Richardson, claims attorney for Financial Indemnity Company, alleged in his affidavit that, upon being notified of the accident by defendants, his predecessor, James V. Daley, interpreted as valid the standard endorsement excluding coverage of the automobile if driven by one under 25 years, determined Felix' operation of Braullio's automobile to be a violation of this provision and refused to entertain coverage and defend the Gallos—both then and then they later delivered the complaint served upon them and demanded the company appear and represent them; that in February of 1957 the case of Wildman v. Government Employees' Insurance Co., supra, 48 Cal.2d 31, 307 P.2d 359, contrary to the law then in effect, established the unenforcibility of the endorsement in question; and that he, who succeeded Daley, consulted attorneys for the insurance company, Bolton, Groff & Dunne, who advised him of the change in the law as the result of the Wildman decision and the company should defend the insured. Richardson further alleged that he first learned of the default judgment taken against the defendants on May 23, 1958, and immediately retained attorneys Bolton, Groff & Dunne to file the motion to set aside the judgment; and that by reason of Daley's death he was pressed with business duties and a caseload which ‘prevented him from becoming immediately aware and acquainted with the captioned matter aforesaid, and the default and judgment aforesaid.’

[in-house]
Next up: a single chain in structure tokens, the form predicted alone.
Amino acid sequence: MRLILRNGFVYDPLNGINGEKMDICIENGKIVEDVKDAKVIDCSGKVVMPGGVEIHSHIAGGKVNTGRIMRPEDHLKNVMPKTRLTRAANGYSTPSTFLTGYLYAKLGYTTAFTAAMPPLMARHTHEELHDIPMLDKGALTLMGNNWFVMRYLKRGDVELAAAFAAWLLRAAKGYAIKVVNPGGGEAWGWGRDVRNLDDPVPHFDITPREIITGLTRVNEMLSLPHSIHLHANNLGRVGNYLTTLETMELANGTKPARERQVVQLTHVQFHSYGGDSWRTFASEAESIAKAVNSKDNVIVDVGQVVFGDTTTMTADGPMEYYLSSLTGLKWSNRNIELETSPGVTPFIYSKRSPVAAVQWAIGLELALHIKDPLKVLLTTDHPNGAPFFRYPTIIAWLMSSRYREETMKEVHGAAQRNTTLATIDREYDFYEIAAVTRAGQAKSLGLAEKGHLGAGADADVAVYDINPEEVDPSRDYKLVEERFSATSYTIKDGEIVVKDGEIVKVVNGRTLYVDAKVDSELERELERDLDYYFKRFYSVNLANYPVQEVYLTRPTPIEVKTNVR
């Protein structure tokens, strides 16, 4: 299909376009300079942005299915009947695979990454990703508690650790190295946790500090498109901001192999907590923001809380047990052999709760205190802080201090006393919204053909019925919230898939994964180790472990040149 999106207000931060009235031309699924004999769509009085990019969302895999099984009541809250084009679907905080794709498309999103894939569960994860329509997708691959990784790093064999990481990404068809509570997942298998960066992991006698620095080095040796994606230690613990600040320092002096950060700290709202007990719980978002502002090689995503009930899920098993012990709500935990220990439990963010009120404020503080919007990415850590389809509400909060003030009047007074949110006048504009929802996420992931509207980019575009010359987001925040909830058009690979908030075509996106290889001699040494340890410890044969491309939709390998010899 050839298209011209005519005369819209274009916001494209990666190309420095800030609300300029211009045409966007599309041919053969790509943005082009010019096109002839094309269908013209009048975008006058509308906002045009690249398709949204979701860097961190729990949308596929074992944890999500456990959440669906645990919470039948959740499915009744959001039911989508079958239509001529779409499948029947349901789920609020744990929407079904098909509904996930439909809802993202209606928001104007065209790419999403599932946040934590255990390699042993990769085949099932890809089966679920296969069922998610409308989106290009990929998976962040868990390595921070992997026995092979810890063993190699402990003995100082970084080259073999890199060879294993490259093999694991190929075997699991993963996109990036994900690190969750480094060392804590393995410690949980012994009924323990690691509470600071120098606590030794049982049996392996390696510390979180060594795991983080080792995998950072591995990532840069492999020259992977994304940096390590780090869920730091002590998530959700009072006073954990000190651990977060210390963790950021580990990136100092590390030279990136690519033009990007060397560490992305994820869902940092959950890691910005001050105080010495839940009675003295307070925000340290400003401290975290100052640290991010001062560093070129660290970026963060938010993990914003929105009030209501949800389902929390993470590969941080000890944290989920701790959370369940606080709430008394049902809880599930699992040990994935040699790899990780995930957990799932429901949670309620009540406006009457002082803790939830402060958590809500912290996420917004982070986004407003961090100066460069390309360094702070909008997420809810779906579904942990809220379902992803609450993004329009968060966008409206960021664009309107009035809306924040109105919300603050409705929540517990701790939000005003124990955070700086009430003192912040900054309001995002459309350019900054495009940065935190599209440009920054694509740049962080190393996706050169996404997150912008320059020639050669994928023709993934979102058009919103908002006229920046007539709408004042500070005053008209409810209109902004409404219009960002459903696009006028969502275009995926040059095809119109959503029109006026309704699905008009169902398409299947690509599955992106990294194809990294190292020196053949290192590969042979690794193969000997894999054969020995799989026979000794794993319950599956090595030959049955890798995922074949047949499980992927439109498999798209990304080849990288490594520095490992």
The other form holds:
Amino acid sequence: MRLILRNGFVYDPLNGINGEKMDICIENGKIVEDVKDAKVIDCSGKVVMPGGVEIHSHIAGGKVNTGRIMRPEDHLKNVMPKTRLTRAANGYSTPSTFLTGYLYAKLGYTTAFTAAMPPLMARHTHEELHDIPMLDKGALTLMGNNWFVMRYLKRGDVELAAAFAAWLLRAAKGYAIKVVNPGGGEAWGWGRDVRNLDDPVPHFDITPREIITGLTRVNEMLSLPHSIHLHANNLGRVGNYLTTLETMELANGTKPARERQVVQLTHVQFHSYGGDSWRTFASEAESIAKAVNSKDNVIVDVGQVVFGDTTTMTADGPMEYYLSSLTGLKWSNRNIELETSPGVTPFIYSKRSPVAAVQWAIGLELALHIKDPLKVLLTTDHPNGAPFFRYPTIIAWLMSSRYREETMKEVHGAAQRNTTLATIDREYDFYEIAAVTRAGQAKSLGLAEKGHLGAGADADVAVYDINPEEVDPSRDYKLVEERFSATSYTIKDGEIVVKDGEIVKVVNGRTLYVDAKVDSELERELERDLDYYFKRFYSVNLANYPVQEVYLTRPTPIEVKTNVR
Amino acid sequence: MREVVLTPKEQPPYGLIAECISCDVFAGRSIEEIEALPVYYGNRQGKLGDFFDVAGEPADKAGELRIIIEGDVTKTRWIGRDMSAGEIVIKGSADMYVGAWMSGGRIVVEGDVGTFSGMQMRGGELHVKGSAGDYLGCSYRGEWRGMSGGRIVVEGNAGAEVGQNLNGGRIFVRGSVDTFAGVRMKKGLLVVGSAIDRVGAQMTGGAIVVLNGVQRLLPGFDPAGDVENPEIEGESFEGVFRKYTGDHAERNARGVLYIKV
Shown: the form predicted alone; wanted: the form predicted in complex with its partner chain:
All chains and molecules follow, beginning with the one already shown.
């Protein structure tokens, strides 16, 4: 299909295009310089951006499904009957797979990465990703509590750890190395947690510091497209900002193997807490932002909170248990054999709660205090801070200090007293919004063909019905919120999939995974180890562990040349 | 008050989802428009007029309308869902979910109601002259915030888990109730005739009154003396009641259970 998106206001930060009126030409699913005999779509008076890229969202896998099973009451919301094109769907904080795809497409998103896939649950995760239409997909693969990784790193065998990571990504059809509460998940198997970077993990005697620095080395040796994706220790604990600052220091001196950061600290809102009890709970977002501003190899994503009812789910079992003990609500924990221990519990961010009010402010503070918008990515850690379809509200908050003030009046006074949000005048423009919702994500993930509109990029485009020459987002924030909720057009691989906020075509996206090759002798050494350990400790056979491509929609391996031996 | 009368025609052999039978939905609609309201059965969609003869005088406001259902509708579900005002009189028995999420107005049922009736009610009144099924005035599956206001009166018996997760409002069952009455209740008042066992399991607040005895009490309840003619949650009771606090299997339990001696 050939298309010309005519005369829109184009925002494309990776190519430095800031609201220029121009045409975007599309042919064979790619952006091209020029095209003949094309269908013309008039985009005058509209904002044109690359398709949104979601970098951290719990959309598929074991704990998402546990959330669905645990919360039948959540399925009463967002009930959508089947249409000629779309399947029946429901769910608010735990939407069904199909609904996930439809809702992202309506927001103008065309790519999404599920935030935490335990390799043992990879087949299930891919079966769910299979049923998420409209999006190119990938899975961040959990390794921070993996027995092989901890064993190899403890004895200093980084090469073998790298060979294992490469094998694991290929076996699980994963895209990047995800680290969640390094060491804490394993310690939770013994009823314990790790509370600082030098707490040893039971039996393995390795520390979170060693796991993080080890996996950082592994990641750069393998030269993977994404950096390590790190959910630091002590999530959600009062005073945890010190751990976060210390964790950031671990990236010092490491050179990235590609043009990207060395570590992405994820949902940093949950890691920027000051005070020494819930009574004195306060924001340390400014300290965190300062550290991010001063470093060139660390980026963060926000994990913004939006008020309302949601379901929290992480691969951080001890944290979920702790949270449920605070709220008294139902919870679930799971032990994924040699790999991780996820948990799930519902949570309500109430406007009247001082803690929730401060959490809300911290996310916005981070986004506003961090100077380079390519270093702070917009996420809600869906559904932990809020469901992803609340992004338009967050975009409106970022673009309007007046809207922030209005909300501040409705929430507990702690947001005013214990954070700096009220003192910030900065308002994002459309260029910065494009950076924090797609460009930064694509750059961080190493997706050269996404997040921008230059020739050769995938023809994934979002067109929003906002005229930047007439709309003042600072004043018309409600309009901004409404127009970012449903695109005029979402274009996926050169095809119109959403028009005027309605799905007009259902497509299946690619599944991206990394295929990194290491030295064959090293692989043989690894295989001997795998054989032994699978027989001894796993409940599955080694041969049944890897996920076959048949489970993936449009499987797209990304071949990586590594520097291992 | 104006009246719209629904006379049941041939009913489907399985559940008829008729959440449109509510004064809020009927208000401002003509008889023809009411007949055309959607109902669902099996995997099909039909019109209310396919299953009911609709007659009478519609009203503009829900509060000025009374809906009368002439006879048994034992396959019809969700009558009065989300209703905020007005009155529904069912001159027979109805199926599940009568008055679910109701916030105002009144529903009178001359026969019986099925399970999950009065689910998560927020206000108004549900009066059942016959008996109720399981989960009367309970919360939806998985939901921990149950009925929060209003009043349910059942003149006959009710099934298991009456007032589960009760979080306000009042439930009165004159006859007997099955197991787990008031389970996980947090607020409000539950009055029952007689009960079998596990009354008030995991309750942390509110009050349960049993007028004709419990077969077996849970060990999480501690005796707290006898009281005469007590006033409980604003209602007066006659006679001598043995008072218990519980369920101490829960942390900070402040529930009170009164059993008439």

The Gallos, in their affidavit, swore that they promptly tendered summons and complaint to the insurance company and demanded a defense; that they had no means or ability to finance an appearance or retain counsel to advise them; that the insurance company denied coverage, they relied upon the company to appear and defend and in reliance thereon permitted default to be entered against them; that they promptly notified the company of the entry of default and judgment; and that they had consulted their attorney, John F. Sheffield, for the purpose of determining their rights in this matter.